The UK Government seeks to replicate the EU system by the introduction of 10 years of market exclusivity during which the competent authority (i.e. the MHRA) cannot accept another application for an MA, or grant an MA or accept an application to extend an existing MA, for the same therapeutic indication, in respect of a similar medicinal product, unless clinically superior. If criteria for OD are met, the 10 years of orphan market exclusivity would be awarded following grant of a UK orphan MA, although the market exclusivity period in the UK would start on the date of first authorisation in the UK or EU/EEA, whichever comes first. According to the UK Draft Explanatory Memorandum accompanying the HM SI, “[t]his is to discourage companies from delaying bringing their innovative products to the UK market once the UK is no longer in the EU medicines regulatory network and is aimed at protecting public health in the UK”.
The UK Government has committed to monitor this incentive and will consider any further evidence to support this.
According to the latest Government guidance (issued 5 February 2019), in the event of a ‘no-deal’ Brexit:
- existing UK SPCs will continue to be valid; and
- pending UK SPC applications and paediatric extensions to such SPCs will continue to be assessed on the same basis as applies at present.
The only impact will be upon new applications for SPCs, or paediatric extensions to SPCs, which are filed after Brexit.
According to earlier Government guidance (issued 24 September 2018) the intention is that the existing system will remain in place, operating independently from the EU regime but with all the current conditions and requirements. This should mean that the existing law in relation to SPCs, including CJEU decisions to date, will be retained in UK law but UK law will then be able to evolve separately post Brexit since the CJEU will no longer have jurisdiction over UK SPCs.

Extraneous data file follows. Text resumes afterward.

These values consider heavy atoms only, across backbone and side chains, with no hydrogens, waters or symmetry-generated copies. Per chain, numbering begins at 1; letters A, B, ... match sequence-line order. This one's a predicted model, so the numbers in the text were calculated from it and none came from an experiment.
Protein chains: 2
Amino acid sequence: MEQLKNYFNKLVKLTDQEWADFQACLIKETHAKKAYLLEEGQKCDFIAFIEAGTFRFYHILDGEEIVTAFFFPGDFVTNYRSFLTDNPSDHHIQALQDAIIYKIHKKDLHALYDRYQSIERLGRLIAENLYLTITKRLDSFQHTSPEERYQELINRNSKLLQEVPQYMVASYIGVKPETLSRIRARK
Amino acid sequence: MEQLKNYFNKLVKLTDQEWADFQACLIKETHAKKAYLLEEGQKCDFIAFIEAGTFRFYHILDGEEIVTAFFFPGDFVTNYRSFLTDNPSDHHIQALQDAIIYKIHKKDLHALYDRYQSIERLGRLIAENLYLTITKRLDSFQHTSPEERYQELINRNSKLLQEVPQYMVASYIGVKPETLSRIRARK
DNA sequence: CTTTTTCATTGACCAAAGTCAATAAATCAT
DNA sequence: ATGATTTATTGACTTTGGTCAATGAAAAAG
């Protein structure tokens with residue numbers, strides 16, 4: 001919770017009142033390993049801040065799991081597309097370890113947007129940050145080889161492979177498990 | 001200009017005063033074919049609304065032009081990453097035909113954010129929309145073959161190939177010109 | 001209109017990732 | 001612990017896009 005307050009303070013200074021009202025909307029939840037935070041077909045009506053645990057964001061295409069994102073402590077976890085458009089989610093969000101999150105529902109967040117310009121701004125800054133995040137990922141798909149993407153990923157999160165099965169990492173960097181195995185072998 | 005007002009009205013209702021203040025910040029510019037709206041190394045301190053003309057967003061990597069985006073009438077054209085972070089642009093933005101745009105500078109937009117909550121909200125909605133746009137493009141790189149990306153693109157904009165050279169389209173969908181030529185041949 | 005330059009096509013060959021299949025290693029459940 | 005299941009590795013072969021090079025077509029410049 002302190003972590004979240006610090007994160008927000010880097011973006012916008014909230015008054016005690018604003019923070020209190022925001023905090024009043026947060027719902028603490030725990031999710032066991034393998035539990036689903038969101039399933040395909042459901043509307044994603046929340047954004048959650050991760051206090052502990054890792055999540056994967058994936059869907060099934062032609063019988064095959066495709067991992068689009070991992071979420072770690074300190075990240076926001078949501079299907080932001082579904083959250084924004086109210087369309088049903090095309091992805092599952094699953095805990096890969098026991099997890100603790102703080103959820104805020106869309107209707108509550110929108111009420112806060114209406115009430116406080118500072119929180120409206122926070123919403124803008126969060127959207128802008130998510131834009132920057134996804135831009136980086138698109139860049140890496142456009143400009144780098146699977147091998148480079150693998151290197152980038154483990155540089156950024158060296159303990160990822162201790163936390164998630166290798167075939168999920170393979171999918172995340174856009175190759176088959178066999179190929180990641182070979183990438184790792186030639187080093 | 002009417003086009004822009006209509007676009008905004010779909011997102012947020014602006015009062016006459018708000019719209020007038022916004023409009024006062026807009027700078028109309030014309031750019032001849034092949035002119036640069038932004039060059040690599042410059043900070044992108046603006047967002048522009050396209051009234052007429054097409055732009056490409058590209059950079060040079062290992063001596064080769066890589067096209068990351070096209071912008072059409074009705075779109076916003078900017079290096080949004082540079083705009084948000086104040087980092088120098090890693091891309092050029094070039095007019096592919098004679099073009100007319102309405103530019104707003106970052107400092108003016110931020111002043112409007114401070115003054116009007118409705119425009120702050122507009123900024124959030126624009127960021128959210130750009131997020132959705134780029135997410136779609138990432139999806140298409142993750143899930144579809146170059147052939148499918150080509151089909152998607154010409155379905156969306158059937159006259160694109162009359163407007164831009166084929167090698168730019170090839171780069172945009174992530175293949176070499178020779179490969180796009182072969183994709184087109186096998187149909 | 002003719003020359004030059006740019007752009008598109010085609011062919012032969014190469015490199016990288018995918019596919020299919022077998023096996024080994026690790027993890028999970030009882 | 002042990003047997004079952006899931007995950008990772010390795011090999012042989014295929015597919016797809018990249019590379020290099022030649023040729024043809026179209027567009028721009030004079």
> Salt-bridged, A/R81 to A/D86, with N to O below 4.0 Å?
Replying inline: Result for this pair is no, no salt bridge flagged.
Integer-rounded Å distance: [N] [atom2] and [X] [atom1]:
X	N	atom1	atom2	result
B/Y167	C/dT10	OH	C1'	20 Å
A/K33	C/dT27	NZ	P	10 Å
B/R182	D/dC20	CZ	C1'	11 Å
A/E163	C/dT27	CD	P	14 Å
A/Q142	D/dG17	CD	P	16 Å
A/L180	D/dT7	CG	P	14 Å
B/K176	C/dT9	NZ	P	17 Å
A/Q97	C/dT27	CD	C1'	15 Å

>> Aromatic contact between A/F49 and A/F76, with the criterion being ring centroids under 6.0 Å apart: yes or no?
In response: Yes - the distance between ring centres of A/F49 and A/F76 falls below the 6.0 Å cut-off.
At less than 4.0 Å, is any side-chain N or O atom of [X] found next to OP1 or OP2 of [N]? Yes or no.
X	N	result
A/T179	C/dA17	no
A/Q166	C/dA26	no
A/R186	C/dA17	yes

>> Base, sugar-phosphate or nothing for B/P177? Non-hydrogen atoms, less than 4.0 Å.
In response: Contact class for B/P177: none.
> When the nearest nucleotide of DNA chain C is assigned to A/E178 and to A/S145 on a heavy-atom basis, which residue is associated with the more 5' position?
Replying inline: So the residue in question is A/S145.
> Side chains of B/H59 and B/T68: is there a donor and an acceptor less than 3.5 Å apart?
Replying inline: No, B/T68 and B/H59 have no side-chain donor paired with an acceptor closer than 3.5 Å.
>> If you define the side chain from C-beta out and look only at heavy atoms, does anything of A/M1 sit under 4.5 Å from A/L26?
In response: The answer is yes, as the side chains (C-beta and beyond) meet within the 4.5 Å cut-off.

The current intention is that, upon Brexit day, The Patents (Amendment) (EU Exit) Regulations 2018 Statutory Instrument (“IP SI”) will come into force. The IP SI is currently in draft (here) and has been approved by resolutions in the Commons and Lords.
The IP SI amends various aspects of IP legislation and, at Part 8, addresses SPCs for Medicinal Products. In summary, it incorporates and amends the SPC Regulation so that references to the EU Medicines Directive, EU Veterinary Products Directive (Directive 2001/82/EC) and Regulation (EC) No 1901/2006 (“EU Paediatric Regulation”) become references to the corresponding proposed amended UK legislation, which are discussed in this note. References to “marketing authorisation” become references to “UK authorisation”. The key provisions of the SPC Regulation including the Article 1 definitions and Article 3 criteria are unchanged. The term of the SPC will continue to be calculated by reference to the first MA granted in the UK or EU/EEA, whichever is earlier (although the BIA is lobbying for this to be changed – see below).
The only significant changes are:
1) Amended Article 2:
“A product may, under the terms and conditions provided for in this Regulation, be the subject of a certificate if it is—
(a) protected by a patent; and
(b) the subject of a UK authorisation prior to being placed on the market as a medicinal product.”